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Snake in the Radio

3.0 out of 5 stars 2 customer reviews

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Product Details

  • Audio CD
  • Number of Discs: 1
  • Label: E1 Entertainment Dist ***
  • ASIN: 5558370130
  • Average Customer Review: 3.0 out of 5 stars  See all reviews (2 customer reviews)

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By R. Kesler on December 12, 2012
Format: Audio CD
Yes, there really is life after grunge. During the 80's and 90's there were a lot people drawn to the grunge sounds that were filtering their way out of Seattle, and across the country, like some plaid banner that was slowly fraying in the wind. Of course some of it was better then others, but at the core of grunge there was an elemental honesty, and that honesty was Americana by way of alternative country.

Here on his first outing Mark Pickerel, the once drummer of Screaming Trees, finds a very comfortable place to sit, and proves he's got the chops to be around for a very long time ... sounding fresh, exciting, and unfettered as he lays out some hauntingly brilliant lyrics with a husky, almost graveled voice, revealing more mature, introspective, and nurtured musical sensibilities; reminding me much of the direction Lloyd Cole took after his departure with The Commotions. A couple of the tracks still smile with that youthful exuberance, but for the most part you can trust his stance, and easily hear the contributions to the work he's done for artists like Niko Case. His shimmering guitar solos float like a freight train coursing its away through sleepy towns, fields of fresh cut grain, across shaky tresseled bridges, and into the wee hours of the morning, while skirting big cities, where too much light blinds the eyes, and dulls the senses.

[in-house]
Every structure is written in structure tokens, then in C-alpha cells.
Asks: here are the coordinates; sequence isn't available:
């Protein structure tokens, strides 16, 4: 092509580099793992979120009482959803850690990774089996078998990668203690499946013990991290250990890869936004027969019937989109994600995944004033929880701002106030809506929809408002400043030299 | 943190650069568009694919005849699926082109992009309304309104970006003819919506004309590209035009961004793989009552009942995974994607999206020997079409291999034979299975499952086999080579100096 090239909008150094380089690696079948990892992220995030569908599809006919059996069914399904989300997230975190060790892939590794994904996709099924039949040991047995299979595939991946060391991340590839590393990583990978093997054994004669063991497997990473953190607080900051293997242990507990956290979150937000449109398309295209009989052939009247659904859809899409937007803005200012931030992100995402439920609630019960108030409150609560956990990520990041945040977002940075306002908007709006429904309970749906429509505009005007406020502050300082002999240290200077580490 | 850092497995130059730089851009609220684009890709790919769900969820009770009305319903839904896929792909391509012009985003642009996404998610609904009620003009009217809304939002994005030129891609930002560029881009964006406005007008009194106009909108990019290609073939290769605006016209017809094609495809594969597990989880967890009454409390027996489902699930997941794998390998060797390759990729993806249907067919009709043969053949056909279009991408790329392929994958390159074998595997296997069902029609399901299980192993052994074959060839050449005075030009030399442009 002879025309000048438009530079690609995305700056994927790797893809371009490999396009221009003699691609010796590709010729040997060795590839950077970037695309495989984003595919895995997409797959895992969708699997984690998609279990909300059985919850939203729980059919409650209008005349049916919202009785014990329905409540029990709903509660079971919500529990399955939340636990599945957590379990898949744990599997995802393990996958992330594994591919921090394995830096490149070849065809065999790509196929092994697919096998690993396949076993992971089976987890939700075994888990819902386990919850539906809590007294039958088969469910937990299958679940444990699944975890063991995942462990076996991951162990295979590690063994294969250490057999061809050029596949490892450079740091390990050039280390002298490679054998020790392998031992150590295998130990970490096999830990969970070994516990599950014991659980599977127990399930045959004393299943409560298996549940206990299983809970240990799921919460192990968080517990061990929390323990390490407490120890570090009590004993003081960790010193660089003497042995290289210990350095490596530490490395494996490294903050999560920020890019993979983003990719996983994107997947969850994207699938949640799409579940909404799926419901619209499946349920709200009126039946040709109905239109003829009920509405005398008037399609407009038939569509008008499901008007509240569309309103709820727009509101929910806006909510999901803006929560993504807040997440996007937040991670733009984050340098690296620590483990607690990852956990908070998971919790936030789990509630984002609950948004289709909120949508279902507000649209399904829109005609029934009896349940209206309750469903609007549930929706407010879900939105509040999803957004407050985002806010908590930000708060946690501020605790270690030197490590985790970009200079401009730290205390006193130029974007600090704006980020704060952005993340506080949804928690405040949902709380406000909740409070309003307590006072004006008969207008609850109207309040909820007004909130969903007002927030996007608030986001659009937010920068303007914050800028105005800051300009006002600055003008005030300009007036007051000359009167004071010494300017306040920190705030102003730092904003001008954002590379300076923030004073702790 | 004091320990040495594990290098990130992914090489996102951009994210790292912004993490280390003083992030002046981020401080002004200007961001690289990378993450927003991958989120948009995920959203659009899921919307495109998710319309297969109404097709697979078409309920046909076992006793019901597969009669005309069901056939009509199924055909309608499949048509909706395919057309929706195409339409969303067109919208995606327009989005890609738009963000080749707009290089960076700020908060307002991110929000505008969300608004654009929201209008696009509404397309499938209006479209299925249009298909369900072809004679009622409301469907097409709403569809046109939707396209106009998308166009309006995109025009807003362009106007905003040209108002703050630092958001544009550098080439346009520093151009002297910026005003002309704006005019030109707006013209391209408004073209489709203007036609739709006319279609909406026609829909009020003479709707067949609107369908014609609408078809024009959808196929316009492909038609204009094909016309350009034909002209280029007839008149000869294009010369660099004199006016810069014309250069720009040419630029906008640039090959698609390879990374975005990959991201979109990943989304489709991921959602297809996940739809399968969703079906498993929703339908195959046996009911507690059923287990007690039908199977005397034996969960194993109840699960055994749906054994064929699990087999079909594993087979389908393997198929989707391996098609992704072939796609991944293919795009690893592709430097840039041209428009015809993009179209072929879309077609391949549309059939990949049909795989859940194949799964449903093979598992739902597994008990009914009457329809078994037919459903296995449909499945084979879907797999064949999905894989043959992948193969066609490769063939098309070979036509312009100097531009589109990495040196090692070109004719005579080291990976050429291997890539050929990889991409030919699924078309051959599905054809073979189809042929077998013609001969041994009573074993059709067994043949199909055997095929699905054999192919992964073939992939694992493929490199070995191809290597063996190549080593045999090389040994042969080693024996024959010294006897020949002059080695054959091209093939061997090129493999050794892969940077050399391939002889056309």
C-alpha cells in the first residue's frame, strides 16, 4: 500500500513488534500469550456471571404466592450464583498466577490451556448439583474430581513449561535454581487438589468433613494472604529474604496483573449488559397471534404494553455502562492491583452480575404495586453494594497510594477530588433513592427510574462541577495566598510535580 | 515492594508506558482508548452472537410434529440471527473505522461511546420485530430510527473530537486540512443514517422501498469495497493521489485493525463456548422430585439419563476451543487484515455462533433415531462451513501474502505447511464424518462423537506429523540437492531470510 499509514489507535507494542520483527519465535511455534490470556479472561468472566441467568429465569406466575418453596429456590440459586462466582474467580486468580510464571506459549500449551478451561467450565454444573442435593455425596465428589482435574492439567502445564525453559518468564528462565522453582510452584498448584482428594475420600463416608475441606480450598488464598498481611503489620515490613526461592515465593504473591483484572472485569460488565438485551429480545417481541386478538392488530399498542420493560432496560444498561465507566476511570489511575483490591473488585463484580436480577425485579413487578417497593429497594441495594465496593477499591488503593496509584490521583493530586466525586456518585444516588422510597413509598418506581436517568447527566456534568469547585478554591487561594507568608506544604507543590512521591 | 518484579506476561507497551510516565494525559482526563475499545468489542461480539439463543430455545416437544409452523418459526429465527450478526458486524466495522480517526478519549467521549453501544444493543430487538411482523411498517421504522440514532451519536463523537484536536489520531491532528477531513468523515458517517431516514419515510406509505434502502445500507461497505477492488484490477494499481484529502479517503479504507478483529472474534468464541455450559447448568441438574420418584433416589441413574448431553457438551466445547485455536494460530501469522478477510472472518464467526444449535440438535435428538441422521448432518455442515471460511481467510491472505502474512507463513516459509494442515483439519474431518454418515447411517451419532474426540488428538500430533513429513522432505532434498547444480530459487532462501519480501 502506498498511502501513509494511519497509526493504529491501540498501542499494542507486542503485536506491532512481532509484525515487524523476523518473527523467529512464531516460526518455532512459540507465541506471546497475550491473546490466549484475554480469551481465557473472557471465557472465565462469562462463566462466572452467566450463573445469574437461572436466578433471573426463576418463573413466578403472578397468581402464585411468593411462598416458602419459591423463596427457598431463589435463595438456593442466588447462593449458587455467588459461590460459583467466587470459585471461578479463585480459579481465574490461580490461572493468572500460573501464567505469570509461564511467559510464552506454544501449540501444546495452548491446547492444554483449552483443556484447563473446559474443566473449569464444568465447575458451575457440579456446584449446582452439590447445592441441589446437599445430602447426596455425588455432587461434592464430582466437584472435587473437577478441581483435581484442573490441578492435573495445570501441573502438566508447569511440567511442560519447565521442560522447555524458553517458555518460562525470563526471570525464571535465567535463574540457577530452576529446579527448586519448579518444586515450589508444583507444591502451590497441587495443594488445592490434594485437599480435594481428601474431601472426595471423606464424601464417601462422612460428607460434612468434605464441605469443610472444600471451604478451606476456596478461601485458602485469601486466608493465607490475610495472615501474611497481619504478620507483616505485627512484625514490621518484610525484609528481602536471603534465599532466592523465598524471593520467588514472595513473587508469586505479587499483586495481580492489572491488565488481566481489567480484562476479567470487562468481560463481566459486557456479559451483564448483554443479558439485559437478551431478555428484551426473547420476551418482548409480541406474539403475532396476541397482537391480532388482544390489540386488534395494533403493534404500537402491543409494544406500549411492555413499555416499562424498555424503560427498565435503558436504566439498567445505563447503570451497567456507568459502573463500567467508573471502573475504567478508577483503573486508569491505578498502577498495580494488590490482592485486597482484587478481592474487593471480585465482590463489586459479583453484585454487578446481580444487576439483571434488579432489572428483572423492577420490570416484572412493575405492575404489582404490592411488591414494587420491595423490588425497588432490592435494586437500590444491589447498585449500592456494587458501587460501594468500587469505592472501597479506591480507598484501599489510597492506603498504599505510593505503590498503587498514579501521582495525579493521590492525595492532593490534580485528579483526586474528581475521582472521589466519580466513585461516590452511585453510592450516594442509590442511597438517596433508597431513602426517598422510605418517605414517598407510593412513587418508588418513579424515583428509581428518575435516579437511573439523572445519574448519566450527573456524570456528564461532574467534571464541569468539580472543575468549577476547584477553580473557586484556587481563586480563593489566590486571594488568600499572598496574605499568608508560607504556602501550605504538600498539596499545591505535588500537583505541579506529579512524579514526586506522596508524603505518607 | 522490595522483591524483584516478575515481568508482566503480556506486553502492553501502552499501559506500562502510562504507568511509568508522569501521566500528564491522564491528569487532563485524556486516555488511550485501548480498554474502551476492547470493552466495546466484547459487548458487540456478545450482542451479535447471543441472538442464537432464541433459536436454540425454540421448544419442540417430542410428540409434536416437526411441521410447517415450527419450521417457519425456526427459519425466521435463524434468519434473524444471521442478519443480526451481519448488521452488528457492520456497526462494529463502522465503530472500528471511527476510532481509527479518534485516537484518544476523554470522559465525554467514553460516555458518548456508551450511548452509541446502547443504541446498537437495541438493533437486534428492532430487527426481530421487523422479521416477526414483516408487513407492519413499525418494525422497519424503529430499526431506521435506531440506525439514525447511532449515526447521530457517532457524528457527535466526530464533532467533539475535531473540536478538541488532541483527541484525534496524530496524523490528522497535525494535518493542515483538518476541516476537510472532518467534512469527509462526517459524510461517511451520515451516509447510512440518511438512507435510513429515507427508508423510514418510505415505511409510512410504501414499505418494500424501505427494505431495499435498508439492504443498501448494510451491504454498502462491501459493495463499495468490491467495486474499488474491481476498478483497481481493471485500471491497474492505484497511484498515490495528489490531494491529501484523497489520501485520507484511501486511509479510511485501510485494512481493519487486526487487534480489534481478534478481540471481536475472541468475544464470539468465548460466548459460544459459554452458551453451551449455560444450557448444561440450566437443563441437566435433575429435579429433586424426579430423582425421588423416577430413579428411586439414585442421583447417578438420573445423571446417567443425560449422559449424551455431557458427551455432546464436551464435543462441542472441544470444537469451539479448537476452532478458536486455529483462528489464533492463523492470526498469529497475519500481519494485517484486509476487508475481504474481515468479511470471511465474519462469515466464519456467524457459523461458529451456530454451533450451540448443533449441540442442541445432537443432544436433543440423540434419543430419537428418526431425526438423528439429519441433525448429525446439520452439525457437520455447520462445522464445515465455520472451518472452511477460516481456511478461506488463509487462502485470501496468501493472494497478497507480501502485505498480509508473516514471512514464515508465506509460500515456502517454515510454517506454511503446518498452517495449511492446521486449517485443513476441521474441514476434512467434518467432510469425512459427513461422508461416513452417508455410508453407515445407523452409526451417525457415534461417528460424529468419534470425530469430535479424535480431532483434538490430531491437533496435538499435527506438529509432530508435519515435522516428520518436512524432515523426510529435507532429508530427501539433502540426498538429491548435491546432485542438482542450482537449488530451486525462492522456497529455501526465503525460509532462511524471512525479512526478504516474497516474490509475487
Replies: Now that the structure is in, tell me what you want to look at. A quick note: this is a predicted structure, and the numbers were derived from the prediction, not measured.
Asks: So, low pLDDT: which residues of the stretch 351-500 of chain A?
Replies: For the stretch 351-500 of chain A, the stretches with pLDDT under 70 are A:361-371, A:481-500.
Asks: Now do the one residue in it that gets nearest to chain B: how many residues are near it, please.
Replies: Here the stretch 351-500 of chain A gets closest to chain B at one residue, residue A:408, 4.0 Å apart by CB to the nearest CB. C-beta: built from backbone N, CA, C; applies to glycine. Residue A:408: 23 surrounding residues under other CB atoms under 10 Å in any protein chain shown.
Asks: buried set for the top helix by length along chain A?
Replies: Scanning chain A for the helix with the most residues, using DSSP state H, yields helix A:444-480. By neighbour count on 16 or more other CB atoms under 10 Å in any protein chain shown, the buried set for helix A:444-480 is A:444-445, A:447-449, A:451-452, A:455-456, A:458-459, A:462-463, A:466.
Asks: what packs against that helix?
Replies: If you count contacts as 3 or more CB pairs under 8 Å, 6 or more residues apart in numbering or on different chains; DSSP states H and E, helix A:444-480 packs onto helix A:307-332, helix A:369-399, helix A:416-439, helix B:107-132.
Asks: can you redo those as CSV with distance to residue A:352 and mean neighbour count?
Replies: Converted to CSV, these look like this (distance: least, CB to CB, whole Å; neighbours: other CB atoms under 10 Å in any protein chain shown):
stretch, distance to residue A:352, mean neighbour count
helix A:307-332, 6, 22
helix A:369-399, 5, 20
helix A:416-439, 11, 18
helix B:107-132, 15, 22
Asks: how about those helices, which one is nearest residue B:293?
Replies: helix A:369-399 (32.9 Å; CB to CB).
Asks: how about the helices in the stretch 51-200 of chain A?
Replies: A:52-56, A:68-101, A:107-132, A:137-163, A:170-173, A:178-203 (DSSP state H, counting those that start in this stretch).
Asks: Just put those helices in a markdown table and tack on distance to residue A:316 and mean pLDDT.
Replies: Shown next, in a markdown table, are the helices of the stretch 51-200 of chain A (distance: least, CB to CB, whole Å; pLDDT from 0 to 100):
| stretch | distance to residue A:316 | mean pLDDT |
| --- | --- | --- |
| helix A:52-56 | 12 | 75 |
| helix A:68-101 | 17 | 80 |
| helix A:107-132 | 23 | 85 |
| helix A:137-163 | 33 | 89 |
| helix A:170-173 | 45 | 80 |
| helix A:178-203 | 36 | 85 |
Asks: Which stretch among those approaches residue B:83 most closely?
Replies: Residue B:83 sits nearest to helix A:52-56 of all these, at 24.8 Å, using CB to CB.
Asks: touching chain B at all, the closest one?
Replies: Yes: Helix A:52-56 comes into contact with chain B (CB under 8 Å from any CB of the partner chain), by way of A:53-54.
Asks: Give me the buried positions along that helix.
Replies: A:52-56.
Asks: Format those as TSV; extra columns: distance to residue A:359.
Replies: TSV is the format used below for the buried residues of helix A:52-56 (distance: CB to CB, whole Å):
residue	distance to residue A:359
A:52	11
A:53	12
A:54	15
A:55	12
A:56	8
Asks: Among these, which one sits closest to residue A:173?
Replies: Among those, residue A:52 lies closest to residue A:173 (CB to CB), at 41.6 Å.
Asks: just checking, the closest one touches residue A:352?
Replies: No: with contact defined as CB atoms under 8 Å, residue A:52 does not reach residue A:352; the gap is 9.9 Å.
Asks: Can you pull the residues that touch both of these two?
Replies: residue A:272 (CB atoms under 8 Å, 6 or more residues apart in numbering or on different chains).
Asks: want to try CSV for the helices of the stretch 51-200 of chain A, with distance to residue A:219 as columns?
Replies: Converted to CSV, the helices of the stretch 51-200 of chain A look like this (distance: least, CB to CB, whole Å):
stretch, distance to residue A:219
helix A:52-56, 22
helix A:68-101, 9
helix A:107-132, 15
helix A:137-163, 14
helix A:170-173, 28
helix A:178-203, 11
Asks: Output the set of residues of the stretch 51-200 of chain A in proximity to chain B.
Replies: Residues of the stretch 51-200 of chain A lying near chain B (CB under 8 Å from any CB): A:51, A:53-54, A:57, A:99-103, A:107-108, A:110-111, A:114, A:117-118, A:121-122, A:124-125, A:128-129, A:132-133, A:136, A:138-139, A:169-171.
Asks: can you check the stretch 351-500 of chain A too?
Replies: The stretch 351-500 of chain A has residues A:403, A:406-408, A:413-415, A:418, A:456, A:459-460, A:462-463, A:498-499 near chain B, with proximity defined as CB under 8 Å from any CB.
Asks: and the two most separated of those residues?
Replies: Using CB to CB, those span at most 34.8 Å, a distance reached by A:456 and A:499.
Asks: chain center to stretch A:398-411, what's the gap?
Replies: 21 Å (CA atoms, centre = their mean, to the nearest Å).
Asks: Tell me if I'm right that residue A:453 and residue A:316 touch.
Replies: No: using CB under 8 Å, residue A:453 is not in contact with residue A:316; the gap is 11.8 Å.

Review by Jenell Kesler
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There are about equal doses of Chris Isaac and Lee Hazelwood flavoring the overall sound and mood of "Snake in the Radio" by Mark Pickerel and His Praying Hands. The music reminds me of Isaac's, the singing hints at the late Hazelwood's style. The overall sound is either a hazy, slow-motion blend of alt-country and rock or a limber sprint from something spooky and unexpected.

There is plenty of guitar--electric, acoustic, pedal steel, slide--a bit of mandolin, keyboards, and drums that render the thick atmosphere nearly unbearable in large doses, creating a sparkling gloom. I find the up-tempo tracks easier to listen to but the dirge-like slow songs harder to break free from.

Apparently, Mr. Pickerel got here by way of being a veteran of the Seattle grunge scene as he played drums for Screaming Trees and others from that genre. That's quite a journey considering what he has created here. Overall, "Snake in the Radio" is an interesting album but there's only so much darkness I can absorb at once.
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